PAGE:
Me Before You
by Jojo Moyes
When I ask my friends and family what they’re reading, the answers tend to vary as much as they do. But in the past year, one book kept coming up in conversations: Me Before You, which, it turns out, owes much of its success to just this sort of word-of-mouth promotion.
A couple of you warned me that while you liked the book overall, the writing isn’t exactly notable. And I agree that the narration is clunky at times, but I’ll tell you what my biggest complaint about this book is: its book flap. It’s like one of those movie trailers that leave you feeling like you’ve already seen the entire film. But you go to see the movie anyway and then you end up blaming the writer for making something so predictable. In this case, the book flap description takes us right up to the penultimate scene in the story, at which point we’ve already guessed what the final scene will be and while it’s a lovely one, I can only imagine how much lovelier it would have been had I not seen it coming a mile away.
For those of you who have not yet read this book or the flap inside its cover, I’ll try to give you an inkling of the plot without spoiling the whole thing. Me Before You is a love story between a sheltered young woman in a small English town and a slightly older quadriplegic man. The British class system is examined, as is the meaning of life; a great setup and, despite my minor frustrations along the way, I was compelled. I worried about the characters while making dinner and realized that I’d only pick up the book when I knew I’d have a good chunk of time to read because it would be too hard to put it down again.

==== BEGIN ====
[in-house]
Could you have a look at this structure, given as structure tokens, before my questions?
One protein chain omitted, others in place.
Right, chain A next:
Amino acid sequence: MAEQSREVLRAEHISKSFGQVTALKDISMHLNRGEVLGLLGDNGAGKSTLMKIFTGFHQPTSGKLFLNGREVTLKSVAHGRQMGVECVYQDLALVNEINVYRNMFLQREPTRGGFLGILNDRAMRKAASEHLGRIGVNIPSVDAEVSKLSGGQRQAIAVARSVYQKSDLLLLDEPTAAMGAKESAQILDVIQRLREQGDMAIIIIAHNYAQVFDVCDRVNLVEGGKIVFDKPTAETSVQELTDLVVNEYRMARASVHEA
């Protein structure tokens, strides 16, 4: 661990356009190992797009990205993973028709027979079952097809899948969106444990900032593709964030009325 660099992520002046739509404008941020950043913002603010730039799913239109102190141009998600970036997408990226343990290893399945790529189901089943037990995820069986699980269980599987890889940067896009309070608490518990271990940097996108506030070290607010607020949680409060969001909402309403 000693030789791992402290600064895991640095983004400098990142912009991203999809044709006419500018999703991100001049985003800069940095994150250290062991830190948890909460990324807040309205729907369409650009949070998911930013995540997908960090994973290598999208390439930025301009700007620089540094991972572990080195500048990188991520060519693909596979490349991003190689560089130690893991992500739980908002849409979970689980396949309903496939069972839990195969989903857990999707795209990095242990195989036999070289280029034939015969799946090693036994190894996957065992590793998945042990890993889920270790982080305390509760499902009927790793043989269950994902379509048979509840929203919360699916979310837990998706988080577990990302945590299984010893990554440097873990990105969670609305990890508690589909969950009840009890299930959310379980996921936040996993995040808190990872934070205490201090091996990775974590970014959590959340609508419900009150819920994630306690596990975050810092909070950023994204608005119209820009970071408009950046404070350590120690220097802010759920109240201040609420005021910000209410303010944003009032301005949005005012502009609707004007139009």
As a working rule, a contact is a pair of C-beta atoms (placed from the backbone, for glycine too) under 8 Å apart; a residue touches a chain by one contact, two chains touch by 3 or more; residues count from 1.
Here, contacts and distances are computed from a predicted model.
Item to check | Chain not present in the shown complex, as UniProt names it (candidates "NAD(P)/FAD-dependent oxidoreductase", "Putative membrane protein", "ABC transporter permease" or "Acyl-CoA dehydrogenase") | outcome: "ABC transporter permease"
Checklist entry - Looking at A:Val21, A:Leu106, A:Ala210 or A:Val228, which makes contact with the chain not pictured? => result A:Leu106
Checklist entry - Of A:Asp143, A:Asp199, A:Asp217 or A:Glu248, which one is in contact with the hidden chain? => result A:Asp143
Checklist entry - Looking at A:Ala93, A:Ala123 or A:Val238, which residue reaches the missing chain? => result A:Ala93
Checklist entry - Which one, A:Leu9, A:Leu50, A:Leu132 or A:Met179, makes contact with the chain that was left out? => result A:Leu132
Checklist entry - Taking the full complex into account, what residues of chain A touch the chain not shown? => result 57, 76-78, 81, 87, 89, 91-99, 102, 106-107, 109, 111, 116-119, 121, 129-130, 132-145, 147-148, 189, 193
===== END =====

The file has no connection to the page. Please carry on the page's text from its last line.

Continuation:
The book’s working-class heroine narrates most of the story and though I didn’t love that aspect of the writing, after a while, I kept hearing the voice of Downton Abbey’s assistant cook, Daisy, in this narration. You can blame this on the show’s recent season premiere and my lack of imagination, but once Daisy had entered my subconscious, it occurred to me that I was enjoying the book in the same way I enjoy Downton. While both have some heavy-handed and repetitive themes, in each case the characters keep me coming back for more. Beyond the pretty clothes they wear against pretty backdrops (also big draws), Downton’s characters often get in some good lines. And a witty retort does it for me every time.
Me Before You has its own fair share of witty retorts and enough snarky dialogue to endear me to the characters delivering it. With a plot that could easily veer into the melodramatic, the wry humor of the story’s characters gives it the balance required to be moving without becoming overly sentimental. And in its sometimes clunky but nonetheless gripping way, it manages to make you think about what it means to live and to value each day. Thanks to everyone who recommended it to me.